This is the printed version of the Free Application for Federal Student Aid (FAFSA) but college counselor Lisa Micele recommends filling it out online, since the program catches possible mistakes. (btreenews/Flickr)
Wading through financial aid forms can be a huge burden on parents and students alike. Lisa Micele, director of college counseling at the University of Illinois Laboratory High School, joins Here & Now’s Jeremy Hobson with tips and tricks on navigating that complicated world, starting with the Free Application for Federal Student Aid (FAFSA).
FAFSA Do’s And Don’ts From Lisa Micele
Things to do:
- If you haven’t already done so, create your FAFSA ID.
- Review the pre-application worksheet to make certain that you have all of the information you need to complete the FAFSA correctly.
- APPLY NOW! The FAFSA launched January 1 – and most colleges have early deadlines for preferential aid packaging. (Great news: This will change next year with early access to form in October.)
- Remember that the STUDENT is completing this form as the main applicant. There is a separate section for parent information. Too often the parent may take the lead and get confused. (The student section is orange; parent section is purple.)
- Use the online version of the FAFSA if you can. While there is a hard-copy print version, the online tool is user-friendly and has “edit checks” to help prevent errors along with “skip logic” allowing you to complete only relevant questions.
- Remember that you are applying for 2016-2017 Financial Aid, which reflects the academic year you will be attending college.
- You can use last year’s 1040 federal tax return information and simply “estimate” in order to complete the FAFSA now. Don’t worry if you haven’t filed your taxes yet. You will be given an opportunity to correct this information later.
- If you can file your 2015 federal taxes and still meet early FAFSA deadlines, you may be eligible to use the IRS retrieval tool to directly transfer data to your online FAFSA.
- When listing the colleges on your FAFSA, list your in-state schools first in order to maximize your eligibility for state aid, and then list the other schools in alphabetical order. You can list up to 10 schools on the online FAFSA. If you have more than 10 schools, you can add additional schools once you receive your Student Aid Report.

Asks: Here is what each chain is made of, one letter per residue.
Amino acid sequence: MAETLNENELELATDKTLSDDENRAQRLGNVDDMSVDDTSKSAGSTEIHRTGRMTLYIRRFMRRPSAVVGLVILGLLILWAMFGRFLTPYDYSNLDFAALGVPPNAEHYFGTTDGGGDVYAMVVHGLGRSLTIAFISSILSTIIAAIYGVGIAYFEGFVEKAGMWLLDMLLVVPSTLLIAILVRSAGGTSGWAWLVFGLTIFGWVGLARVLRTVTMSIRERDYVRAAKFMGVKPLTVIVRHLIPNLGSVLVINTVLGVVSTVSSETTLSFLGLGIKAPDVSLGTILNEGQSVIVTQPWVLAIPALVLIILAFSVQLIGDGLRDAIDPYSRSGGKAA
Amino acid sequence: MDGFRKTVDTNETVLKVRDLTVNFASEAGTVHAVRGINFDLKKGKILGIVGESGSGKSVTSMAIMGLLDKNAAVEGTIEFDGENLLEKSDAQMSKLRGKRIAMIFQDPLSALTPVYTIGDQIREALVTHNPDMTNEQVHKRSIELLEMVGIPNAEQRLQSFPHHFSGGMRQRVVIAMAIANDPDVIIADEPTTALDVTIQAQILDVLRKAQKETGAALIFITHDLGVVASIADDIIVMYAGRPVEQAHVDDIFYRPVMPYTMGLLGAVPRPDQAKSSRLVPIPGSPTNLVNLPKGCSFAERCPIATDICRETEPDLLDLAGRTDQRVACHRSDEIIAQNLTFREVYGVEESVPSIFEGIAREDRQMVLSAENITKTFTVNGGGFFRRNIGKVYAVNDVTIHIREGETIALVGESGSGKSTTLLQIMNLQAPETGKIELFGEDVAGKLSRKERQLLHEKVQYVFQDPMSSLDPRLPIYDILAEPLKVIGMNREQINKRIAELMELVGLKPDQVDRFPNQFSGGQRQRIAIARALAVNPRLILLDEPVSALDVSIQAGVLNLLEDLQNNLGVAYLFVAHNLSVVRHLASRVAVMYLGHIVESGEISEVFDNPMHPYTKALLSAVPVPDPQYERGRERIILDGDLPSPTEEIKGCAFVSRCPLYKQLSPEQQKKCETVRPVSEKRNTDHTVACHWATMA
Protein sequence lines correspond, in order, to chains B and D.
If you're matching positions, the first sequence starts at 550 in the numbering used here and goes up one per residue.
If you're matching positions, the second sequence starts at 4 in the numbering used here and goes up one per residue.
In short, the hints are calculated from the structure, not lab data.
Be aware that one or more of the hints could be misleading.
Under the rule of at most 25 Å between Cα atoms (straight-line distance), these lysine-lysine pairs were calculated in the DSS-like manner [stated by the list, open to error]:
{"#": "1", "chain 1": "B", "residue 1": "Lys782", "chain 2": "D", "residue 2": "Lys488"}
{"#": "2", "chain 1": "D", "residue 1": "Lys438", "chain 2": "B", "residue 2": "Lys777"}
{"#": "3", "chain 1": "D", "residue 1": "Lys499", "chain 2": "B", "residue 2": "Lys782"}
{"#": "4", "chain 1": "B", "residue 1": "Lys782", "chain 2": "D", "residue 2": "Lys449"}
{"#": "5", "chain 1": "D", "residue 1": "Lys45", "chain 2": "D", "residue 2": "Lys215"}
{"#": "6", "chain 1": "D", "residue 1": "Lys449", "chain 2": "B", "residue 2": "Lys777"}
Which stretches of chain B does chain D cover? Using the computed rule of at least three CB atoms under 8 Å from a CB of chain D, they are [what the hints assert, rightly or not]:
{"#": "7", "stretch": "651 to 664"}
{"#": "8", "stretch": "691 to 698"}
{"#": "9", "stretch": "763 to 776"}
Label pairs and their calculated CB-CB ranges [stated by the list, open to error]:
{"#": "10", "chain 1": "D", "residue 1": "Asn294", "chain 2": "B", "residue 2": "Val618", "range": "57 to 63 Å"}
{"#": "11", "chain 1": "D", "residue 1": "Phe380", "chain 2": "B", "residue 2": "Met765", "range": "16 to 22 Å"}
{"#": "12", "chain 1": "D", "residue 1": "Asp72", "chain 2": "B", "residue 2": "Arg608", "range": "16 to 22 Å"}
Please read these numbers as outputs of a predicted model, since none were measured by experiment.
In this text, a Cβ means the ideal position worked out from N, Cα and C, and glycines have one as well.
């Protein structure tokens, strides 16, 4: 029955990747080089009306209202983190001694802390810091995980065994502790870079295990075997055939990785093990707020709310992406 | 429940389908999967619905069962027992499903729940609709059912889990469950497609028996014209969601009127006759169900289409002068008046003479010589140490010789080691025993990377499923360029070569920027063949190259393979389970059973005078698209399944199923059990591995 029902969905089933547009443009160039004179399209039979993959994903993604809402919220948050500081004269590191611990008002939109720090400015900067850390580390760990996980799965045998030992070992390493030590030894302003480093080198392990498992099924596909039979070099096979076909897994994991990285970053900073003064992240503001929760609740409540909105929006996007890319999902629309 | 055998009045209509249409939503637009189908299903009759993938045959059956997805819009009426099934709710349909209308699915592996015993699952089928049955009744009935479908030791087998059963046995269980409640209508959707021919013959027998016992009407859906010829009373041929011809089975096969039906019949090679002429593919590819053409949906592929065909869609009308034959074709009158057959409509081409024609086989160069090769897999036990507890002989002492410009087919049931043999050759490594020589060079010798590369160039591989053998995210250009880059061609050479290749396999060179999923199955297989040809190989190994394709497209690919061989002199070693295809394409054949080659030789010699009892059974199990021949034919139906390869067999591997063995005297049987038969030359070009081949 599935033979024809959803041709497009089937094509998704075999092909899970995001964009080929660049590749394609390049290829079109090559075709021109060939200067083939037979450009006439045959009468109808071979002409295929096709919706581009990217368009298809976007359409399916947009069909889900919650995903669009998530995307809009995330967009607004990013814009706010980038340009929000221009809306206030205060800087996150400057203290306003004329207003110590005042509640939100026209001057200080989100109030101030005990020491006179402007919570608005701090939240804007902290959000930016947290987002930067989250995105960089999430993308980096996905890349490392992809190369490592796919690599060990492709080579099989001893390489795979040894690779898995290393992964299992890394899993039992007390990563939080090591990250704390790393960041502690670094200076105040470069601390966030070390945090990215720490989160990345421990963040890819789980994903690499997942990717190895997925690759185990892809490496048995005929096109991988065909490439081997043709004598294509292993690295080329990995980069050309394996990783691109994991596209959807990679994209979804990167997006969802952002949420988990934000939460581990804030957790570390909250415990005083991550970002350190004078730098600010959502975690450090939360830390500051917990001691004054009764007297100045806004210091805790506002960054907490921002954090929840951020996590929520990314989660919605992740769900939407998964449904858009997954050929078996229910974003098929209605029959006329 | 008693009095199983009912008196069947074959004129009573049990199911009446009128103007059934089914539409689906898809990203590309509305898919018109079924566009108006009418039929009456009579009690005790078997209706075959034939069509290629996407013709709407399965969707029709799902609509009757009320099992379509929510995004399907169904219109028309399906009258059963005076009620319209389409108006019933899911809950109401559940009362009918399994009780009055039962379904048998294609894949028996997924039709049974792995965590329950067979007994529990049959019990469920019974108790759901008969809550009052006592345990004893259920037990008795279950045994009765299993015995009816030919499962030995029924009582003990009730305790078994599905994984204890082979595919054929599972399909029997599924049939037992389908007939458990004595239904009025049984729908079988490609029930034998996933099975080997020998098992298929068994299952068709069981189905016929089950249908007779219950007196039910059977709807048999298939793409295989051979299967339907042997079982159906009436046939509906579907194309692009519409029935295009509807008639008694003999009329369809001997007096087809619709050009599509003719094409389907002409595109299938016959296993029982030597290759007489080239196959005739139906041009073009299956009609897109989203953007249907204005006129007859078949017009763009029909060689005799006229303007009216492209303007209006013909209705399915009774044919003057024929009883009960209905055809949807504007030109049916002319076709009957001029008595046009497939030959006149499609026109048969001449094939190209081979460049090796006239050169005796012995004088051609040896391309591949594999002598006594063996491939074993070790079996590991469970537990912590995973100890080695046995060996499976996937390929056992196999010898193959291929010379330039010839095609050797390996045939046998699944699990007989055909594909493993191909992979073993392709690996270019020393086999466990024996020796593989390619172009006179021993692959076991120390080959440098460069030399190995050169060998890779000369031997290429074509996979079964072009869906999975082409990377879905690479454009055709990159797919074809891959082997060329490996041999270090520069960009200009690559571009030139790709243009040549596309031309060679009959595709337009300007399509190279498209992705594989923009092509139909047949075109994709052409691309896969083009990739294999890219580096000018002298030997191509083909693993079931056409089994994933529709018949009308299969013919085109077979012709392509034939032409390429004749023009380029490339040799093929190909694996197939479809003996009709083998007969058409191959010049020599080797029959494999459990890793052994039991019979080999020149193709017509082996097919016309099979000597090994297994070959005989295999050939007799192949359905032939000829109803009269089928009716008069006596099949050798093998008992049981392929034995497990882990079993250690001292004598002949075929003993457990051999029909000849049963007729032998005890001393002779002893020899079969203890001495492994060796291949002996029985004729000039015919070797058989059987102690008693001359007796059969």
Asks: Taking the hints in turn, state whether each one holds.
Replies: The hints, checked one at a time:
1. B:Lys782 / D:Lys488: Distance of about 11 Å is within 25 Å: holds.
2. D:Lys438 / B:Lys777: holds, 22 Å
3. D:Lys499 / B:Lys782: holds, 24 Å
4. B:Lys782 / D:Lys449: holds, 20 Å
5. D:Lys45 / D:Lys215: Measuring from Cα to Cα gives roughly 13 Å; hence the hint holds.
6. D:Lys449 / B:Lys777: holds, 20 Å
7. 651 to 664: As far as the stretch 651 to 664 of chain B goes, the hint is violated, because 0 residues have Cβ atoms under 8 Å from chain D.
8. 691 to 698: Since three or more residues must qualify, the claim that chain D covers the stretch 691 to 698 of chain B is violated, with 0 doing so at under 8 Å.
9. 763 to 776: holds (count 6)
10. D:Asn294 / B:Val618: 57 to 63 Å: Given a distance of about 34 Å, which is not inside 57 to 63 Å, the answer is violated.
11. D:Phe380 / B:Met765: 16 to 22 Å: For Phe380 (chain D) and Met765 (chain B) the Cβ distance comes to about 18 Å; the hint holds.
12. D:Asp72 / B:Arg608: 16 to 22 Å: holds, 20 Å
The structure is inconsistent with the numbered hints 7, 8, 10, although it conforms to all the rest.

- The FAFSA is FREE (as the name implies.) There is no charge to apply, so just do it!
Things not to do:
- Don’t assume you will not qualify for aid. APPLY!
- Don’t procrastinate. Late filing can mean lost aid.
- Never leave any field blank on the FAFSA. Enter a “0” if that is the correct answer for you (or “not applicable”).
- Again – Don’t wait to file your 2015 taxes in order to complete the FAFSA early. Some grants can be awarded on a “first come / first served” basis. Very often, the early bird does catch the worm in financial aid land.
- Don’t assume that the FAFSA is the only required form for financial aid consideration. The CSS Profile may also be required or even an institutional form linked directly to a college/university website. Navigate each college’s financial aid checklist thoroughly. Do that now!
- Don’t get frustrated if you feel that you have more to communicate about your financial picture than the numbers entered into the FAFSA may show. You can contact each college and talk with financial aid offices directly as well. Write down the name of the aid officer and consistently talk with this person when follow up is needed.
- Don’t forget that this is a yearly process. You have to re-apply for aid each year.
Final tip from Lisa Micele: You can do this! Start the FAFSA at www.fafsa.ed.gov.
- Lisa Micele, director of college counseling at the University of Illinois Laboratory High School in Urbana, Illinois. She tweets @LisaMicele.